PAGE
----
One of the largest and busiest friendship centres in the country is in unfriendly waters with the Manitoba Association of Friendship Centres (MAC).
The Indian and Metis Friendship Centre (IMFC) in Winnipeg’s north end, claims to serve some 7,000 vulnerable people a month, offering a warm place to stay, cultural programs for kids, parenting programs and food bank services to name a few.
But they’re at risk of closing their doors as MAC has sanctioned them for the second time in as many years, saying the centre too often plays fast and loose with the rules and finances.
“We’ve told IMFC many times, ‘this is what you need to do, this is how you need to do it, this is what we expect’ and they’re just not following what we’re asking,” said MAC president Roberta MacKinnon.
Last year, American Indian Movement supporters took over the friendship centre’s elections and voted in a nine-member board with Norman Lagimodiere as president.
Soon after, six members of the board were turfed. Then the executive director was let go and the finance director followed him.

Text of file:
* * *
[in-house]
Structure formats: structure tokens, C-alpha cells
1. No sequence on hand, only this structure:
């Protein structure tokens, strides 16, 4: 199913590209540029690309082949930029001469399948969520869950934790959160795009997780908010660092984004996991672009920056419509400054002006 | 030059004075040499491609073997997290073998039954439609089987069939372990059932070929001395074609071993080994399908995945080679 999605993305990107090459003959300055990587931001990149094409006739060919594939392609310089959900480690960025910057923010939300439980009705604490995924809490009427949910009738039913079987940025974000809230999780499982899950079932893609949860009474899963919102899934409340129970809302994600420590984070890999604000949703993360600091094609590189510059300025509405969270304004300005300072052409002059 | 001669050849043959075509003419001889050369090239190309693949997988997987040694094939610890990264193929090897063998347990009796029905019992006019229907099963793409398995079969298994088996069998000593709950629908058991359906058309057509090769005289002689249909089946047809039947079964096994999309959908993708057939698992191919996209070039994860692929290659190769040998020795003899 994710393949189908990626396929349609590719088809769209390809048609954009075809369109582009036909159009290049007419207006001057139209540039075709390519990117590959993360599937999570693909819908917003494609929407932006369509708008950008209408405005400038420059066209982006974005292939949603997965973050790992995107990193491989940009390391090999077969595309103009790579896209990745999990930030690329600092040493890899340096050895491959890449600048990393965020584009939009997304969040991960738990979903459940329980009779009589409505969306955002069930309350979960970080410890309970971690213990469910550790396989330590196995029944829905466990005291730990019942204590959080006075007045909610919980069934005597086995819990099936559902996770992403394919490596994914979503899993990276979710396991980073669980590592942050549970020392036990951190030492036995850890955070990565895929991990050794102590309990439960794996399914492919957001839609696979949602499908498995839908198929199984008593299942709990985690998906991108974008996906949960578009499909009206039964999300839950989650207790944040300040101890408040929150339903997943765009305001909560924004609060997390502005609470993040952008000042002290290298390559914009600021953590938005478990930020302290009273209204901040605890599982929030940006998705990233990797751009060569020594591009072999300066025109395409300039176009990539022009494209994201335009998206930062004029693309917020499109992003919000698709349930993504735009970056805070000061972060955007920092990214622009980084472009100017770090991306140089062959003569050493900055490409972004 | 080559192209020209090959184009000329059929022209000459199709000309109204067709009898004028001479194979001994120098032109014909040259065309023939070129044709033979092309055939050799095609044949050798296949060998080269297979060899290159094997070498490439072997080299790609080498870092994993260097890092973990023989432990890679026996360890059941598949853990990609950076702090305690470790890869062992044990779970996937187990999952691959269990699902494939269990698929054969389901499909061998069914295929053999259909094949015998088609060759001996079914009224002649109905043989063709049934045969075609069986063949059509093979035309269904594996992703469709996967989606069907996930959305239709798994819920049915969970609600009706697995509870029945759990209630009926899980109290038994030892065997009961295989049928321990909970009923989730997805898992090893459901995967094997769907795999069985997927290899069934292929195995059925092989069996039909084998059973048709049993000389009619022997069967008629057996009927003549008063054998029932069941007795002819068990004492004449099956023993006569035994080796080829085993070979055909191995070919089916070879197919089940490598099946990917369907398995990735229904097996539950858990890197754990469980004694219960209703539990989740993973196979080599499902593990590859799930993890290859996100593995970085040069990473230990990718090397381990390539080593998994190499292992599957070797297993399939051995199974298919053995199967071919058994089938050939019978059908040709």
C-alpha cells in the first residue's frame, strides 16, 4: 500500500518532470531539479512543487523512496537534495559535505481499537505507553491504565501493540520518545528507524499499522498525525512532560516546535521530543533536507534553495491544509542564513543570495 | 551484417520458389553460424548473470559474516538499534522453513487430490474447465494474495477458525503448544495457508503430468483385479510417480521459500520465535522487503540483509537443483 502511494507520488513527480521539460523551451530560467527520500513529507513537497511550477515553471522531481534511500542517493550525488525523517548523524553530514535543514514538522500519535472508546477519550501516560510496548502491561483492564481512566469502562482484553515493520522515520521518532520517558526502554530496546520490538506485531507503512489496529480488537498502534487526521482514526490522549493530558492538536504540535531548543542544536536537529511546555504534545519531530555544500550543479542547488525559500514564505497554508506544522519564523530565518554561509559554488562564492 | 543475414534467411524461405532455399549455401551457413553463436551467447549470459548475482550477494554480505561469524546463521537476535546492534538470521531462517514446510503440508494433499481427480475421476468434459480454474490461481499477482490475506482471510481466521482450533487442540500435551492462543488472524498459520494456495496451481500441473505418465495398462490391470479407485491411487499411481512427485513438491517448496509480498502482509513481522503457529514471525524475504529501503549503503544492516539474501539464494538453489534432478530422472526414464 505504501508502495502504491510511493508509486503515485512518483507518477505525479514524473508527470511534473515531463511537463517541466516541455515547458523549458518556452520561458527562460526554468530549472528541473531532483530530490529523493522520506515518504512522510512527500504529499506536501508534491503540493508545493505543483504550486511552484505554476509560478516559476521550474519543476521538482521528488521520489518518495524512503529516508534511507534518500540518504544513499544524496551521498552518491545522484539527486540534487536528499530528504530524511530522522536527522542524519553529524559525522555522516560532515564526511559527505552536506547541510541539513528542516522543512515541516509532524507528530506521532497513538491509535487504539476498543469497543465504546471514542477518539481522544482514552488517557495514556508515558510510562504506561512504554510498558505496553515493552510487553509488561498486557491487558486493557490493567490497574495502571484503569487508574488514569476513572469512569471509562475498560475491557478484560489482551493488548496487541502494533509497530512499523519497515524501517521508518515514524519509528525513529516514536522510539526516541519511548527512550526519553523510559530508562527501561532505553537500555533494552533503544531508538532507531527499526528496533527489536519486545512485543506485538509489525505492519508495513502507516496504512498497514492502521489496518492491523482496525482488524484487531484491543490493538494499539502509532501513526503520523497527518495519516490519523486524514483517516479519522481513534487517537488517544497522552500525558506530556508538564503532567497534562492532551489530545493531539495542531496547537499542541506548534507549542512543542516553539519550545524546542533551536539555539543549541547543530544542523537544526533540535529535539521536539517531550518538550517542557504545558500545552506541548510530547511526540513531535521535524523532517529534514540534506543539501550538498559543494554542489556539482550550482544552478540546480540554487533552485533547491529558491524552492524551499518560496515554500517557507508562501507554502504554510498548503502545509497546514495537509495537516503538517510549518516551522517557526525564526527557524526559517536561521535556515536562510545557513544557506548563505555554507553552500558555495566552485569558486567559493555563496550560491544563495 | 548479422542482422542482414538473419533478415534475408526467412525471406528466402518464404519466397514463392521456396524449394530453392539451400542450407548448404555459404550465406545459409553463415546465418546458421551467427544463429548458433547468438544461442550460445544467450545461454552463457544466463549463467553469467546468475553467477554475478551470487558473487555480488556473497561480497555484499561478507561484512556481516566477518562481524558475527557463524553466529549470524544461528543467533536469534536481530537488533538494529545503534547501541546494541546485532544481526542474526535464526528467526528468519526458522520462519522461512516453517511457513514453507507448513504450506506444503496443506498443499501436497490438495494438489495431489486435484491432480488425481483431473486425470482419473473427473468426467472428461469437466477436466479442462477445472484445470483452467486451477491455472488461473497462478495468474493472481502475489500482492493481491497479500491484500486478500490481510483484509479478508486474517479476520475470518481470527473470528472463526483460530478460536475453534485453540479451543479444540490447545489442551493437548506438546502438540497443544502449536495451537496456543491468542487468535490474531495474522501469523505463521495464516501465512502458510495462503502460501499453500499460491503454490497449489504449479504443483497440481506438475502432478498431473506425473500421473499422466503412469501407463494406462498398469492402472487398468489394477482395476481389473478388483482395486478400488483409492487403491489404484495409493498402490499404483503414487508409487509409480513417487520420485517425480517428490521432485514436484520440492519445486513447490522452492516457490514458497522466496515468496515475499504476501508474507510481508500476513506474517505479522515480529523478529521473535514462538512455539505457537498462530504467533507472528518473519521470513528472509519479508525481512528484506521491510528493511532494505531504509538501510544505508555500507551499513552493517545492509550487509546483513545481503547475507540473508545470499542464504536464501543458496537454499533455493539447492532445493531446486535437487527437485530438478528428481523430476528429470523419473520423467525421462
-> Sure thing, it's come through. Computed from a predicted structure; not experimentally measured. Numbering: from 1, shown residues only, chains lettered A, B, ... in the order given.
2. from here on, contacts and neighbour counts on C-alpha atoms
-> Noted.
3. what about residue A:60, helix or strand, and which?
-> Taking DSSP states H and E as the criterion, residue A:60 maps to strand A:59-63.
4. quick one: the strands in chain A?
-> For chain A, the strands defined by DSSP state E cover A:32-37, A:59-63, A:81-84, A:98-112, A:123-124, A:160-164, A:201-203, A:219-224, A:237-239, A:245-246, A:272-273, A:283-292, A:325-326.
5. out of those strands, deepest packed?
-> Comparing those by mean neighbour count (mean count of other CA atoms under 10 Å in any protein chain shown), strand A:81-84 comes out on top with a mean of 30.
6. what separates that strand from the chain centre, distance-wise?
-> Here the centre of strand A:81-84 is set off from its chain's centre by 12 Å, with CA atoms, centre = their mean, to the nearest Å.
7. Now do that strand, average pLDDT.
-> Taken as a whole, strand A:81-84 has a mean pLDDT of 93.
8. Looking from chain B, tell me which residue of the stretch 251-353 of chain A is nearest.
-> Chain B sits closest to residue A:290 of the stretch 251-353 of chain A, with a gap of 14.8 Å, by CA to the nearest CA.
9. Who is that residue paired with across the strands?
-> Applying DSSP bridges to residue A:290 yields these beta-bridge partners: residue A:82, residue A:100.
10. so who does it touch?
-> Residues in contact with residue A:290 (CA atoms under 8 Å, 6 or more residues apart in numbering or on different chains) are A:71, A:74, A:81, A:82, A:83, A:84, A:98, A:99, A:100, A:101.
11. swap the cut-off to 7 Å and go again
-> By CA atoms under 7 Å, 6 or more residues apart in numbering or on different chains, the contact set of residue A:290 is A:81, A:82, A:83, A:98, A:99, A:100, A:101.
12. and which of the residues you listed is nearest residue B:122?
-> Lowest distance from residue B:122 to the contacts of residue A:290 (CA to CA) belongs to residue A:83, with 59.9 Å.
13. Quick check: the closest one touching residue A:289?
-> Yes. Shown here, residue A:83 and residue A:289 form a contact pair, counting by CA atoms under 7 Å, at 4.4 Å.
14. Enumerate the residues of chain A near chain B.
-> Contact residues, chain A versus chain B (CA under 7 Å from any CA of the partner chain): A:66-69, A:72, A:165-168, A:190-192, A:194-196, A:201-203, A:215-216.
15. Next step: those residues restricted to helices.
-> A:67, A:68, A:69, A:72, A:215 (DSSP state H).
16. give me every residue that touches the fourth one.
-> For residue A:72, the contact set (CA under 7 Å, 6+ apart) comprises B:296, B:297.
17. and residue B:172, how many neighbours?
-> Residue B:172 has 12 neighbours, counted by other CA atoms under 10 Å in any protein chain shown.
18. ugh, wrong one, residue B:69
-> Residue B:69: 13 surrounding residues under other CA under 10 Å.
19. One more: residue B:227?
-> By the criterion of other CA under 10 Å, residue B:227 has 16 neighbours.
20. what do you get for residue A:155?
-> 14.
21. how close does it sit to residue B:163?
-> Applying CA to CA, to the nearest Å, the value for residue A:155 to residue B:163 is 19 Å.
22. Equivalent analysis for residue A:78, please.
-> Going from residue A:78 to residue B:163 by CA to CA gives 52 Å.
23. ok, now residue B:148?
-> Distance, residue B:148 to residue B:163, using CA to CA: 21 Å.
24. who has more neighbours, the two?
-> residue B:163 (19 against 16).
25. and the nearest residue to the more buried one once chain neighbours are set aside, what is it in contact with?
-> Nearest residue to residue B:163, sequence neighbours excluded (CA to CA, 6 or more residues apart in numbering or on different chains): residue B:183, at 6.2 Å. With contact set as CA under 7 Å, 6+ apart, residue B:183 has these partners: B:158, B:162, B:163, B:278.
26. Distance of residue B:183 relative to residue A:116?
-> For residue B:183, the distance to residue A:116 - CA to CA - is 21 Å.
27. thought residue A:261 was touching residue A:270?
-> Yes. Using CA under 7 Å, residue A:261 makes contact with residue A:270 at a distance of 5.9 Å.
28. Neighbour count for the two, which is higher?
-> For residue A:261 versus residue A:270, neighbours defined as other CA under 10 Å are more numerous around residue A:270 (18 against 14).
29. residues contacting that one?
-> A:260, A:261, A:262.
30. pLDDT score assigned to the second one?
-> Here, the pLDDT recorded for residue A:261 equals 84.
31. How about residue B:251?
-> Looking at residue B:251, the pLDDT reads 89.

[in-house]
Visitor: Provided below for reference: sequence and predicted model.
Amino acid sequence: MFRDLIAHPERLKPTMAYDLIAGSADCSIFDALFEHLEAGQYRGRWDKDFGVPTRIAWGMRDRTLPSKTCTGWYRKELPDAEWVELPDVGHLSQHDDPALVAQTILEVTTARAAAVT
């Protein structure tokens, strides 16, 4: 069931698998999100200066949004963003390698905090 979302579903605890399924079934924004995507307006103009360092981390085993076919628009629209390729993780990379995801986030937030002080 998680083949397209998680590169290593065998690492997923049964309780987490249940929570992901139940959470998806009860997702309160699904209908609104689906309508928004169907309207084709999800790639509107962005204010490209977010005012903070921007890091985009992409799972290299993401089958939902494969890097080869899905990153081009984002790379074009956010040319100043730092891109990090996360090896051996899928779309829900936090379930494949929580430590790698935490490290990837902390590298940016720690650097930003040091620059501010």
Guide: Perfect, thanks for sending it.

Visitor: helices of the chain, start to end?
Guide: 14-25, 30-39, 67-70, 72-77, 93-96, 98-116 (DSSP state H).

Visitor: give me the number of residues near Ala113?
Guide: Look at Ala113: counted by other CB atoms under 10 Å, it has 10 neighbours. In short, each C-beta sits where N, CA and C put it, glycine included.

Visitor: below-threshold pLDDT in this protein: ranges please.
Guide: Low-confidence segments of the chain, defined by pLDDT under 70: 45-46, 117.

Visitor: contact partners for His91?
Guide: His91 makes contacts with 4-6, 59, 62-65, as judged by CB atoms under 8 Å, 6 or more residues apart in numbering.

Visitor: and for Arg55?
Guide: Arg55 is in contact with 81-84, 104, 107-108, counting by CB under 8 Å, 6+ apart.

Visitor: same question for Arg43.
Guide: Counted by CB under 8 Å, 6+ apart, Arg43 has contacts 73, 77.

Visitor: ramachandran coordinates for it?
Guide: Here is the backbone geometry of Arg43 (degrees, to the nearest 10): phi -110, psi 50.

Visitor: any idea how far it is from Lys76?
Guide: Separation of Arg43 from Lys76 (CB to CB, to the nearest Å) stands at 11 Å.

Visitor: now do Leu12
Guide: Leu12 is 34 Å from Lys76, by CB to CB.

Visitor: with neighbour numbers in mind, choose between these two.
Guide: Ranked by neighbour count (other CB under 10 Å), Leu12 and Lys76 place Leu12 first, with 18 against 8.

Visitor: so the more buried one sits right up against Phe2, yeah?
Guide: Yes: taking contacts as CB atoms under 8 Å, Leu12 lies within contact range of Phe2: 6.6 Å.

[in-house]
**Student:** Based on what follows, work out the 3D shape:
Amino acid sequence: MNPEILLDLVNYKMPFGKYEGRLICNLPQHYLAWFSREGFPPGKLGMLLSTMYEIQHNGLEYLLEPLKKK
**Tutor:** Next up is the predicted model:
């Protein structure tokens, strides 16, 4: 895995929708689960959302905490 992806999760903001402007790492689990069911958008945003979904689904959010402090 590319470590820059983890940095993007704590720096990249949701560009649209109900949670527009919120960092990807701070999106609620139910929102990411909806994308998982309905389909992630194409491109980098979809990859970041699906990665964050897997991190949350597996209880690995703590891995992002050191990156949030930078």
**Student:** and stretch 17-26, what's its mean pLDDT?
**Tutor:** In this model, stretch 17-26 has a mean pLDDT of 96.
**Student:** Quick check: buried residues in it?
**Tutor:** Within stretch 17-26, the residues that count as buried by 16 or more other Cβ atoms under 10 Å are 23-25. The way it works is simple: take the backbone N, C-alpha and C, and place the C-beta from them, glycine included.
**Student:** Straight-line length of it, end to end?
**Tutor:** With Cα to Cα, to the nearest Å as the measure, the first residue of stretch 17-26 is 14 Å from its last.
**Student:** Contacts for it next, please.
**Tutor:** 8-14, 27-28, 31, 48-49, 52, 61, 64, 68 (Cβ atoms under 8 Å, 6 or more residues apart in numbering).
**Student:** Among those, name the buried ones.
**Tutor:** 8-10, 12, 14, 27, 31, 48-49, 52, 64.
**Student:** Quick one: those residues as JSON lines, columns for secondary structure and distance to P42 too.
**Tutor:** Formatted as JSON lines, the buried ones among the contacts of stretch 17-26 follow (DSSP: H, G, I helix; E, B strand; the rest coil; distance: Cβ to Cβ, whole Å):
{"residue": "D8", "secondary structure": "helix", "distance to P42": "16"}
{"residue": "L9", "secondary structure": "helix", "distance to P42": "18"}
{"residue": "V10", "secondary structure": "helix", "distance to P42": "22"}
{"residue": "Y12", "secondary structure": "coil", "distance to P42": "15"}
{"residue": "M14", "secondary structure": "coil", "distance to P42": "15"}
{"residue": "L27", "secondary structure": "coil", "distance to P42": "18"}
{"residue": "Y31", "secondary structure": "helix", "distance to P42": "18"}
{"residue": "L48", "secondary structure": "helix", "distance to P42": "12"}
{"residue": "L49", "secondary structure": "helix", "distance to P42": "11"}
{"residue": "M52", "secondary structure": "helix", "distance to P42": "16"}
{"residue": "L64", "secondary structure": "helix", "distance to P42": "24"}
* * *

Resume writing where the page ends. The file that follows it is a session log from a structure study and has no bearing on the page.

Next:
MacKinnon said members of the board have no authority to kick out other duly elected members. And the president has stepped in as interim executive director.
She said the previous executive director and finance person were instrumental in getting funding flowing to the IMFC late last year after it was cut off in 2016 for noncompliance with reporting rules.
“There’s something about Winnipeg, they just won’t report,” said MacKinnon.
Some staff and board members also haven’t complied with the requirement to submit a criminal background check to MAC,
These issues put every friendship centre at risk, she said.
“When you’re not behaving or not being responsible for your financials and your governance it paints a bad brush for the rest of the centres.”
Lagimodiere said IMFC has asked MAC for governance training but they’ve been denied. MacKinnon disputes that.
“We have reached out to help them. We have asked them to have governance training, board training, how to take minutes, let us know when your board meetings are so we can observe and help you, and they haven’t let us know,” said MacKinnon.
“I don’t want to see this centre fail. I want to see it thrive,” MacKinnon said.
Meanwhile, the friendship centre’s community services liaison said they’re planning a volunteer appreciation banquet next month he hopes Winnipeggers will fund.
“We will be sending out a GoFundMe page very soon so Winnipeg if you can come together to keep the centre going so we can do bigger and better things,” said Chris D’Souza.